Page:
If you read the rest of the summary, they do make the note that while they can't say that that growth is the result of increasing the minimum wage, it doesn't negatively affect it either.

  • Re:10.10 per hour (Score:0, Informative)

    by Anonymous Coward on Sunday July 20, 2014 @08:19AM (#47493675)

    A family of four living on a single minimum wage income is entitled to multiple federal benefits that greatly offset their living expenses. if they are paying out of pocket to feed the kids, they're doing it wrong.

  • Re: Economists (Score:4, Informative)

    by K. S. Kyosuke (729550) on Sunday July 20, 2014 @08:23AM (#47493687)
    A Cardassian detainee, I suppose?
  • Re:Economists (Score:3, Informative)

    by mdfst13 (664665) on Sunday July 20, 2014 @08:33AM (#47493735)

    It's a bit baffling how "some economists" weren't fully cognisant of what would happen when the minimum wage was raised. I mean it's not as though it's the first time it has happened, the effects should be well known by now.

    The problem is that it's not clear what happens when the minimum wage increases. It's also not clear whether something different happens when a city or state does it versus a national change.

    Case in point: thirteen states increase the minimum wage and employment increases faster (on average) in those states than in those that do not increase the minimum wage. The presumption in the post is that the causality is that increasing the minimum wage causes employment increases. What if the causality goes the other way? Increasing employment could make states more willing to raise the minimum wage. Correlation does not indicate causality, so economists can't differentiate between the two explanations.

    There's actually been quite a bit of study of the effects of raising the minimum wage. The problem is that it's impossible to produce a real double blind study. Without that, there will always be reasonable doubt. In one study, they won't be able to eliminate the possibility that employment would have gone up faster without the change. In another study, they won't be able to tell if people are moving from the comparison area to the change area for the higher wage jobs. In another study, perhaps employment increases occur because kids drop out of school to take jobs.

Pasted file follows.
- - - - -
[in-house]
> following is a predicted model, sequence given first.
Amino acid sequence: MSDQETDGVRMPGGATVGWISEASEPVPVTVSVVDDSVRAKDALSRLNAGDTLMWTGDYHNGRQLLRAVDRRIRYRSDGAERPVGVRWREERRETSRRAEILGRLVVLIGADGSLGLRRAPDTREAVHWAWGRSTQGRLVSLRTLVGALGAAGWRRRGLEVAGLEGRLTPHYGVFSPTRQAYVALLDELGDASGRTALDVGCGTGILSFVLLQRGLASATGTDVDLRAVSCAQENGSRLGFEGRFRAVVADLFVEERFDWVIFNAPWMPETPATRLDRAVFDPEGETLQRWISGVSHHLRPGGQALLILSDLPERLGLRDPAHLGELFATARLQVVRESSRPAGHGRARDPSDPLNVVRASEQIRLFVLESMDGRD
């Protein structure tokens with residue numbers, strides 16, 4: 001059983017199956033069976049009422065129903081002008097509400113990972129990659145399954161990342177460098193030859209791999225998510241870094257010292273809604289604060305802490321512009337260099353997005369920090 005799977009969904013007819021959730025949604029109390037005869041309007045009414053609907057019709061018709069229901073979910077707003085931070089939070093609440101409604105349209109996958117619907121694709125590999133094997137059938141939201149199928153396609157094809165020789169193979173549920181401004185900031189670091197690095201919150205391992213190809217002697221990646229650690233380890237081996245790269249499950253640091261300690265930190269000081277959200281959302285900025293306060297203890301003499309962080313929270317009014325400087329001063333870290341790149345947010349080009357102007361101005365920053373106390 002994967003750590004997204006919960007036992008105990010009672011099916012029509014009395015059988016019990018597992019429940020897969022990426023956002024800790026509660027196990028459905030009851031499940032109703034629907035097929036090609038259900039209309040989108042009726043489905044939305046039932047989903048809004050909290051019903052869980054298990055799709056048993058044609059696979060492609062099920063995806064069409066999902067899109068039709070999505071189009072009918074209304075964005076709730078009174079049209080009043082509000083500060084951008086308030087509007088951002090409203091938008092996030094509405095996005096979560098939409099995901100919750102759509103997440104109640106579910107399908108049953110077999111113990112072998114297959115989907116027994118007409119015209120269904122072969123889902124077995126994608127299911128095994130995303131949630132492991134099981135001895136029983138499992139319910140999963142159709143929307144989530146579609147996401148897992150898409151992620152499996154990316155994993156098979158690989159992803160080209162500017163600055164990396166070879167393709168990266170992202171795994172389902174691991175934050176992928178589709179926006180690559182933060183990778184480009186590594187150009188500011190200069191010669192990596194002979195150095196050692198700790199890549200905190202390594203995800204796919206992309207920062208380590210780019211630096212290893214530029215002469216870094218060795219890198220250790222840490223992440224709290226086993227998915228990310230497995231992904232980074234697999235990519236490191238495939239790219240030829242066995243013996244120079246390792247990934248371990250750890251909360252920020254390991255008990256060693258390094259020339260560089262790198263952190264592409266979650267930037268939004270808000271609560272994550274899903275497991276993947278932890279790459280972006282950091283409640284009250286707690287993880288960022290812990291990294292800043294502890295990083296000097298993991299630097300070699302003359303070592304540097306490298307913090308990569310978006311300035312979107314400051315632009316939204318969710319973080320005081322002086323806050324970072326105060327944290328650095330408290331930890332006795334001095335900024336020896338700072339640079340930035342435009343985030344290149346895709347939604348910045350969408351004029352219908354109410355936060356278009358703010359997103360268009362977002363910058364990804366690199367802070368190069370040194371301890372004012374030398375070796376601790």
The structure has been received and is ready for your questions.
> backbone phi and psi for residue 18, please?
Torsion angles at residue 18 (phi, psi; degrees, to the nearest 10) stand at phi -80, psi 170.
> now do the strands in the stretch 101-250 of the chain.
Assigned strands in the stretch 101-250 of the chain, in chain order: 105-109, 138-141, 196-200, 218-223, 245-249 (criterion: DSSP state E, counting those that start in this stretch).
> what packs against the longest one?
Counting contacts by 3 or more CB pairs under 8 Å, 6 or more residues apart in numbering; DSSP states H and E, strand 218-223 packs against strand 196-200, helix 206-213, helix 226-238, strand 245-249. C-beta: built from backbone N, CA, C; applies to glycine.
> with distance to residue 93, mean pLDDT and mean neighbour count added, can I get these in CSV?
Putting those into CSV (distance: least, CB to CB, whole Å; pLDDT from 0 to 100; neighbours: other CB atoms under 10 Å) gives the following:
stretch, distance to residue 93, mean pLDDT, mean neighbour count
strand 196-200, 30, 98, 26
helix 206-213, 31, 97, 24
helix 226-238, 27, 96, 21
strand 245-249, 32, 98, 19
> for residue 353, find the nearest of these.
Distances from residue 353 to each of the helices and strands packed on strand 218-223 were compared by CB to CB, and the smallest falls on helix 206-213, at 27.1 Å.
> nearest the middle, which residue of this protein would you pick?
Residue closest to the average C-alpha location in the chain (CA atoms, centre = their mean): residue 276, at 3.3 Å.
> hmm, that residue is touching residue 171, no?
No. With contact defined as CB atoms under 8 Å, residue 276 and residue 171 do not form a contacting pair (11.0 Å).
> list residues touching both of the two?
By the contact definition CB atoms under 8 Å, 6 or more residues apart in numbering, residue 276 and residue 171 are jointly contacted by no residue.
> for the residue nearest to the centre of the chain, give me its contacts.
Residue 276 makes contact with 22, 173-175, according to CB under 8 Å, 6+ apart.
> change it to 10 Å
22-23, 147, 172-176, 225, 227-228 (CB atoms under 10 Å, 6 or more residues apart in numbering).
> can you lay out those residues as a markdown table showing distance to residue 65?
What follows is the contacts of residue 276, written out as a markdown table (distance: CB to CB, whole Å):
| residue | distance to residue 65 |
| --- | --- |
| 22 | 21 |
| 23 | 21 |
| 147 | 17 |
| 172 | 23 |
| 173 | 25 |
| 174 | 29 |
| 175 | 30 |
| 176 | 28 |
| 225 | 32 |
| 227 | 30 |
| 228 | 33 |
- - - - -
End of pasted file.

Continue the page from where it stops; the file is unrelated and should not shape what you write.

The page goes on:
Economics isn't anywhere near as mature a science as physics or chemistry. It doesn't lend itself to repeatable experiments. Without objective data, subjective opinions take a far greater role.

  • Re:Crazy (Score:5, Informative)

    by Overzeetop (214511) on Sunday July 20, 2014 @08:35AM (#47493747) Journal

    So the $600 pre-refund of taxes that Bush2 put in place (which made a negligible increase in per paycheck take-home) and the SS 2% rebate by Obama (which had a similar result) were useless? No, they weren't, they were identified as having an impact on the economy, even though the money wasn't even in consumers hands when it was announced/started.

    Minimum wage has nothing to do with minimum ability. It sets a price floor for labor. The people who lose out are those just above the minimum wage floor who see their less skilled/experienced/tenured coworkers elevated to a higher wage while theirs remains stagnant. (This happened to me, btw, and it sowed a short period of discord in that company)